Yay Me – Patience

I think it’s important in life to celebrate our successes. God knows, we spend enough time dwelling on our shortcomings. So, occasionally, I’d like to share some of my recent accomplishments with a Yay Me post.

If you know me, you know my life has been in various stages of upheaval lately. It’s been difficult to lay a foundation during this multi-layered transition, but I’m a big believer in things coming together in due time. To quote the (sadly) late Tom Petty, the waiting is the hardest part. But I’m also a big believer in taking the time to do things right instead of rushing in and screwing it all up just for the sake of getting started.

Sometimes that bites me in the arse.

I’m not a patient person. Far, far from it, I’m afraid. But I understand the practicality and downright necessity of that trait. So, when I first moved to this new city, I told myself I’d look into local publishing opportunities.


But first … there were kids to settle. Boxes to unpack. Bedding and furniture to buy. I had to register my car. My daughter started a new school. My son got a job. Everyone had a new schedule. I had to find medical providers. And I had clients with projects that needed my attention and kept me busy each month.

I was frazzled. And tired.

However, as I knew it would, time finally allowed for me to seek local work. And I’m so glad I did.

My background is in magazines. I’m a feature writer, an editor, and, as previously discussed, a storyteller. But after what has, at times, been a rough transition, I had been questioning my abilities. So, I took every ounce of nerve I had and sent out a letter of introduction to a local newspaper, which is published every other week. It runs hard news – your usual local stuff – but it also runs business profiles and human interest stories.

My kind of work.

I was thrilled when the publisher replied within about 30 minutes of receiving my email. His editor replied soon after. A few days later, I met the editor at a local cafe, and it was an instant click. I’m sure it helped that I was confident they could use my skills and interests. And it certainly didn’t hurt that we’d graduated from the same high school. From the start, it felt more like a meeting than a job interview. My Americano had barely cooled to a drinkable temperature when he asked if I could handle 3-4 assignments a week.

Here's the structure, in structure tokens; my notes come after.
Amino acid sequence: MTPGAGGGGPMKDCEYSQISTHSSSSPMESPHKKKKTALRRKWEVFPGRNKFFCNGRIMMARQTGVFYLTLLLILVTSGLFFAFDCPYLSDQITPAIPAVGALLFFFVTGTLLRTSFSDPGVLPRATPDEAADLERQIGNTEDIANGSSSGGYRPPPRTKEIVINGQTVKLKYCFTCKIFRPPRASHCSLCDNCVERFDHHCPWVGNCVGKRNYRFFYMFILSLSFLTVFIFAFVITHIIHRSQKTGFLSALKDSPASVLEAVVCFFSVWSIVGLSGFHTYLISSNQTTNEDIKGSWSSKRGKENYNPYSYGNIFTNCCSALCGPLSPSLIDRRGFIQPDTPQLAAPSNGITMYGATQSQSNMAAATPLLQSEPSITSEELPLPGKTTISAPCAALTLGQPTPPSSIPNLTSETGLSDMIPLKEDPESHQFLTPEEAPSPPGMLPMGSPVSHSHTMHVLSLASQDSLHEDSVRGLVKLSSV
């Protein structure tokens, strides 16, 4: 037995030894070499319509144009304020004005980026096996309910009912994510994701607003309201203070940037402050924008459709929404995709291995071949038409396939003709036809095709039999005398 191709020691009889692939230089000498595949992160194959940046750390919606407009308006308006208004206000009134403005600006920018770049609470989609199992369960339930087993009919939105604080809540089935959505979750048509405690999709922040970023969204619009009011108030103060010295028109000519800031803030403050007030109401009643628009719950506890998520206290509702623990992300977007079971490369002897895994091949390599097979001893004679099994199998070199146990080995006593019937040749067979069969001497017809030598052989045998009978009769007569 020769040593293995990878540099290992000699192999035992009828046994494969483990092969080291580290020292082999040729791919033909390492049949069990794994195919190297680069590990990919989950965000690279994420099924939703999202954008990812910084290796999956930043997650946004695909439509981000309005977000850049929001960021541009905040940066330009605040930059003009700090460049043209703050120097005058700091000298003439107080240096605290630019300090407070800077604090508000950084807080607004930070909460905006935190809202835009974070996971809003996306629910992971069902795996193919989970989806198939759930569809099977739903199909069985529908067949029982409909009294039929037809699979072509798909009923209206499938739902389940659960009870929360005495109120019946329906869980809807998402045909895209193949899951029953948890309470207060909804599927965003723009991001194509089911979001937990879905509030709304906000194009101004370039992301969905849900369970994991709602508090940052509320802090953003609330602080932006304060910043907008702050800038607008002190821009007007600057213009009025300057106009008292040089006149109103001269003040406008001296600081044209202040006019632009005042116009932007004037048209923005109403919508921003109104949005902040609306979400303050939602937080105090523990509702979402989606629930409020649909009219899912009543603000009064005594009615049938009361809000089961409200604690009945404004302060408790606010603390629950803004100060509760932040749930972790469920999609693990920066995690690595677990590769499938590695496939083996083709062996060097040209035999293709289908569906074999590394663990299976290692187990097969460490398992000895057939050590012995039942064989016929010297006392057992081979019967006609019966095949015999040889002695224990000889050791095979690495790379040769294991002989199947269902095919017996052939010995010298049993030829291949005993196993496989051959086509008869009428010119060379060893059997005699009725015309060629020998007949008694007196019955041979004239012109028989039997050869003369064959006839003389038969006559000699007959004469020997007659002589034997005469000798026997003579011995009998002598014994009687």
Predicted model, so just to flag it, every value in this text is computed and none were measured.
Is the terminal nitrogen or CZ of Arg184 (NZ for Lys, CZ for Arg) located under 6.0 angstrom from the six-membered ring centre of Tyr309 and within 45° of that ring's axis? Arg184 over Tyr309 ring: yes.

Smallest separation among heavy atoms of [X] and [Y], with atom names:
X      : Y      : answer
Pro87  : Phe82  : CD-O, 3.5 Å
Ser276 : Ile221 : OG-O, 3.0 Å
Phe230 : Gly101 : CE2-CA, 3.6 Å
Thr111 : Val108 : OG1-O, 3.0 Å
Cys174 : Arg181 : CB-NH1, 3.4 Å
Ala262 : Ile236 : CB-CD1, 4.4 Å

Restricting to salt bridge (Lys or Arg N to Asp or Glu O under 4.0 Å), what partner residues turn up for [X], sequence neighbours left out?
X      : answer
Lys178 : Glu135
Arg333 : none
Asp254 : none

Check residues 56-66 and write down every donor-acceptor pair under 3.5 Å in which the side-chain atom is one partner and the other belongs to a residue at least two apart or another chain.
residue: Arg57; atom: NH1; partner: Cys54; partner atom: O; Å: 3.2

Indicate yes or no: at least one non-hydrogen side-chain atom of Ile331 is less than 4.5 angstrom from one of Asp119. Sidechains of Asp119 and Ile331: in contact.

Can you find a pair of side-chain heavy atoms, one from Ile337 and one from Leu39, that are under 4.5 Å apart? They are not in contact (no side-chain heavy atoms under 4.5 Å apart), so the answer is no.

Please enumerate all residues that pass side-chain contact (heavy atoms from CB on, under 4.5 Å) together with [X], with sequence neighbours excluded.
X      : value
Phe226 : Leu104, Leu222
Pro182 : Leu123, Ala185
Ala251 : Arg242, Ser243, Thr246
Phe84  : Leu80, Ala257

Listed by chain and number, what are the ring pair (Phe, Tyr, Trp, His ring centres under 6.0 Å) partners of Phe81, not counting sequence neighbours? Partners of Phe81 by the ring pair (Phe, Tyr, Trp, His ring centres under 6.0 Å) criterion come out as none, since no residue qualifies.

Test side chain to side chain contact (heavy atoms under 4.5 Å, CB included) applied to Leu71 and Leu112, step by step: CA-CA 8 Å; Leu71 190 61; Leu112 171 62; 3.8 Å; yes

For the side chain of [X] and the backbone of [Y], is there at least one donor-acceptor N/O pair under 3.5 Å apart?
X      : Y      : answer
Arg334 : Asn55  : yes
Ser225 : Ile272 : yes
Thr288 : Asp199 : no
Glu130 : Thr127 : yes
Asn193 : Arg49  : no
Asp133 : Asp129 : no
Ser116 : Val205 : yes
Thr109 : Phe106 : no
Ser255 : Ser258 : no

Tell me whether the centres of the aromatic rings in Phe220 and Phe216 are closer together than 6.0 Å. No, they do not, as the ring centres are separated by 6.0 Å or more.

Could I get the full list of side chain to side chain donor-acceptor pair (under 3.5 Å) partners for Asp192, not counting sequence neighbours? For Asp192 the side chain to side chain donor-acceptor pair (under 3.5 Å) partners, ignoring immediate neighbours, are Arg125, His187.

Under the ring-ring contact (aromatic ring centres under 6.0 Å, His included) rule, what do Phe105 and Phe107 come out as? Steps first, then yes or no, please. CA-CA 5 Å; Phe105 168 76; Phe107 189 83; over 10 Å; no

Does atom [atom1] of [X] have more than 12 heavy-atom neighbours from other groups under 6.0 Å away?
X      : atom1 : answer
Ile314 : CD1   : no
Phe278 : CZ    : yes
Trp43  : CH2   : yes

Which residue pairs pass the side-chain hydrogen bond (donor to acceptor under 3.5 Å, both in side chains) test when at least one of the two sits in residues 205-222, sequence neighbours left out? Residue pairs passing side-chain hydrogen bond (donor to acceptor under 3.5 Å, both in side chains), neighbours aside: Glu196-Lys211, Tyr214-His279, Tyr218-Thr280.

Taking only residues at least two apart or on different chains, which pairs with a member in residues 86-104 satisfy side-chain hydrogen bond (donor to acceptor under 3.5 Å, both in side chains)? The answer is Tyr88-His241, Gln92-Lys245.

Well, of course, I could. So glad you asked. 

But still, as with every new venture, I wanted to make a good first impression. It’s one thing to let your portfolio talk the talk. It’s another to walk the walk.

I was quickly assigned three pieces – two feature articles, and one business profile. I did my legwork, made some calls, looked up info online, and set up my interview for the business profile. It occurred to me that I wasn’t nervous about any of it because, despite my recent transition and the accompanying self-doubt, this is what I’ve done for much of my 20-year career. Why should it be hard now?

My first assignment went smoothly and I cranked it out with ease, filing it in a matter of days. I wanted to complete it sooner, and I could have. But I’d had several busy days crammed with appointments and unexpected changes of plans, some of which was mentally and emotionally draining. I knew it was dumb to push myself to get it done only for the sake of meeting my own self-imposed deadline. Much better to wait and focus on it when my mind wasn’t so frazzly-tired.

And, it occurred to me, that situation echoed exactly what I’d done when looking for local work. Yes, I could’ve sent out query letters and pitched ideas while I still had unpacked boxes. I would’ve established myself in my new market much sooner. But I think in the long run, it was better to wait until I could do it right.

Don’t look now, but at 50 years old and counting, I just might be learning the necessity of patience.

What are some of your recent accomplishments?